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Reducing GHG emissions[edit | edit source]
The financial cost of addressing climate change[edit | edit source]
According to an article by professor Easterbrook, global warming is likely to be a lot cheaper to fix than people think, based on past experiences with pollution control. The Stern report ie estimates that only 2% of the national GDP is needed.
A criticism of Easterbrook's argument is that carbon is central to power generation (and hence modern society) in a way that other pollutants are not. So it will be far harder to reduce total carbon output than it has been to reduce other pollutants, even relative to the scale of the problem.
Another argument against Easterbrook's thesis is that although carbon dioxide emissions are not as potent as other GHG's (ie methane) they can not be decomposed. For example, introduced gases as sulfur oxides decompose easily to a less harmful form (e.g. sulfur and oxygen). But there is no alternative form for carbon dioxide. The only solution is to lock it away (ie using carbon capture and storage (CCS), by planting trees (locking it inside trees), ...
The logical place to start is in the area where potential gains are greatest and costs are lowest. This involves reducing energy demand and increasing energy efficiency.
What needs to be done at national levels[edit | edit source]
There is no consensus over the best solutions to addressing global warming. As there is no consensus, civil government politicians are uncertain of the popularity of taking certain (effective) measures, and thus decide to not implement the measures at all. For example:
- Preventing the carbon of escaping from fossil fuel power plants is not implemented (carbon capture and storage)
- the role of nuclear energy is endorsed by some, but opposed by many others and implementation has thus not happened at a very large scale.
- the implementation of effective population management has not occurred
- the forbidding of inefficient food production (ie raising mammalian species for food) has not occured
- Another measure which has still not being implemented sufficiently is the creation of more renewable energy power plants. Some types of these are more attractive in some locations than others. Ie solar energy may be the most cost effective sources of electricity in a sunny isolated location, and solid biomass is perhaps the most cost-effective form of renewable energy in most locations[verification needed]). It should be noted though that the creation of some renewable energy power plants could cause undesirable ecologic effects, ie particular in the case of hydroelectric plants.
- Make it more attractive to citizens to set up an own power generation system. George Monbiot'sW argues that distributed energy production is the wrong place to put our efforts. However, distributed generation can in fact make enormous cuts in the energy sources that they are competing against. For example, solar photovoltaics installed on half the average roof do provide enough energy for the average home throughout the year. They do not, however, provide base power because they are intermittent. However, the energy produced is clean, and much less energy is wasted between the point of creation of the energy and the consumption (ie via the resistance in the wires, ...).
The most important, pressing actions to be taken can be taken immediately without economic penalty, with suitable planning. Financial planning is an important aspect of this, as investment now may be required to gain long term benefits; it may be important to have programs such as light bulb exchanges or loans for energy efficiency measures (perhaps paid off through electricity bills)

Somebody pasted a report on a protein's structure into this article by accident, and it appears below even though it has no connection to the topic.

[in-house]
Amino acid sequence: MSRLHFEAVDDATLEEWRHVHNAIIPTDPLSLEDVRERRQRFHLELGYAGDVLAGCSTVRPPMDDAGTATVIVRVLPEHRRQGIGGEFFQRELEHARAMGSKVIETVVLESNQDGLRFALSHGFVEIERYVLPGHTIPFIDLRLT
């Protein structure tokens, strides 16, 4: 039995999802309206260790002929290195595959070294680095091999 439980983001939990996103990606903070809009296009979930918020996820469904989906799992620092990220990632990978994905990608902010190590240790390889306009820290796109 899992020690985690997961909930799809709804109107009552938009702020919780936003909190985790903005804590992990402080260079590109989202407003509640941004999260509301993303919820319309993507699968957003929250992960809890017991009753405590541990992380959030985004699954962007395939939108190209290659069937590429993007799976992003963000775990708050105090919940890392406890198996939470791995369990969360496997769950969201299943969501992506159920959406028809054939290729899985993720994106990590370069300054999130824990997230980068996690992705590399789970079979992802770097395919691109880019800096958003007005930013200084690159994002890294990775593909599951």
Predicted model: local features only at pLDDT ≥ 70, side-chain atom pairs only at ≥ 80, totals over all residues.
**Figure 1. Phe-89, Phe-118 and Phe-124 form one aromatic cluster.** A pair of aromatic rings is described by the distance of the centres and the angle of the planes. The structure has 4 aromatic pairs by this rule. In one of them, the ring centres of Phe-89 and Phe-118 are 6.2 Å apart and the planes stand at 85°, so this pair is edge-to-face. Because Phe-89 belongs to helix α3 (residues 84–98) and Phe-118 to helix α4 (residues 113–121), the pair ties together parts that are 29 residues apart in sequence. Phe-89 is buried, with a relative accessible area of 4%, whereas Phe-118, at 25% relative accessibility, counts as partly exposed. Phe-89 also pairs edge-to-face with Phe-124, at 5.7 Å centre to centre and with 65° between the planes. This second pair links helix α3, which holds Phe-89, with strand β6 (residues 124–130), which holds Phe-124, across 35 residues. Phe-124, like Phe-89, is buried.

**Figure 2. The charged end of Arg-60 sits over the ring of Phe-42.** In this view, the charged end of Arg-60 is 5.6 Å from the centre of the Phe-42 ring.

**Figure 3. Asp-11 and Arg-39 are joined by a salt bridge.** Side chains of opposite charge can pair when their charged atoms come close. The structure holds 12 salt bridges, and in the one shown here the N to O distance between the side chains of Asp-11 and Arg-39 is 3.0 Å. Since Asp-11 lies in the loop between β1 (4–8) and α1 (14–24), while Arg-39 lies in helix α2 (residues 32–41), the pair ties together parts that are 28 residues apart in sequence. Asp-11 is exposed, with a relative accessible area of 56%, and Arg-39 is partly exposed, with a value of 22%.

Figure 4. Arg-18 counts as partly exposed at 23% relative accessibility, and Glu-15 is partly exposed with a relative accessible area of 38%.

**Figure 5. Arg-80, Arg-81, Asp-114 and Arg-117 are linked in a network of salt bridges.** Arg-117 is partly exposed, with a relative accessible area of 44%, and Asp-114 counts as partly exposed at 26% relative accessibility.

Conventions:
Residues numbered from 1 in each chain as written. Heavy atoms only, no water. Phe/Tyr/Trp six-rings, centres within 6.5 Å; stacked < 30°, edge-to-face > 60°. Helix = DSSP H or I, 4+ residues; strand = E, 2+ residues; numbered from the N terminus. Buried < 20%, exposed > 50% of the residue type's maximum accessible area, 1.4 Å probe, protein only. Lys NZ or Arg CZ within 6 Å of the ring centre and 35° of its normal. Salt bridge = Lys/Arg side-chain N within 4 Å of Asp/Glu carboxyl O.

Another way to improve the practice of sustainable actions without compulsion, and taxes which some will find a burden, is through choice architecture. This is about how to design the context in which people make choices, in such a way that more sustainable choices become easier and more attractive.
For example: Require energy companies to ask all new clients (e.g. when getting a new electricity or gas service for new home or business premises, or changing suppliers) to make an active choice when registering. At the same time as they answer questions about name and methods of payment, they must be offered a choice between green energy and regular energy options, as well as for carbon offsets, with a clear estimate of how much it will cost.
When it's that easy, many more people will say yes to the wiser choice (in this case, the green option). (Studies have been quoted to support these findings[verification needed] and this is central to choice architecture.)
What YOU can do[edit | edit source]
At this stage the majority of the population in developed countries have access to renewable energy through "green energy" offered by electricity companies (which is often not truly "green", but it varies in degree). The cost premium for such energy is very modest compared with most people's overall living costs (and modest compared with the money that most people spend on luxuries or entertainment). See How to increase the uptake of green energy.
There are many possibilities for reducing global warming impacts and they the most attractive and achievable for private people are those which provide an economic benefit, such as energy efficiency and solar hot water. Secondly there are additional options which are of approximately equal cost or marginally more expensive than current technology, such as wind power (in the right locations). Some options are:
- Eating less meat
- Reducing usage by greater efficiency (ie choosing a more efficient new car or adapting your existing car, implementing efficient lighting, ...) to provide exactly the same service with less greenhouse impact. More efficient lighting includes CFL lighting, ... and can be cheaper to use in the long run,[verification needed] but some find the light quality unpleasant. Ordinary sized fluorescents with an electronic ballast are more efficient and can give a better light.
- Passive solar design and insulation in buildings.
- Use of renewable energy in settings where it is known to actually provide an economic benefit:
- Solar thermal energy (in some climates); ie by using solar thermal collectors
- PV systems (and or related systems, ie LSC, ...). Photovoltaics are popular and often subsidized by governments. However this is the least competitive form of renewable energy in terms of cost, in an urban setting.
- Wind power
- Biofuel from waste sources
- Reducing the CO2 equivalent load of the output (energy or other product) by more efficient engines/heaters, less HC leaks, and finding alternatives to greenhouse gases such as methyl bromide (used for fumigation).
- Downshifting, or simple livingW - this may or may not mean radical changes. It can be practiced more or less, in combination with other measures, and can result in an improvement in quality of life.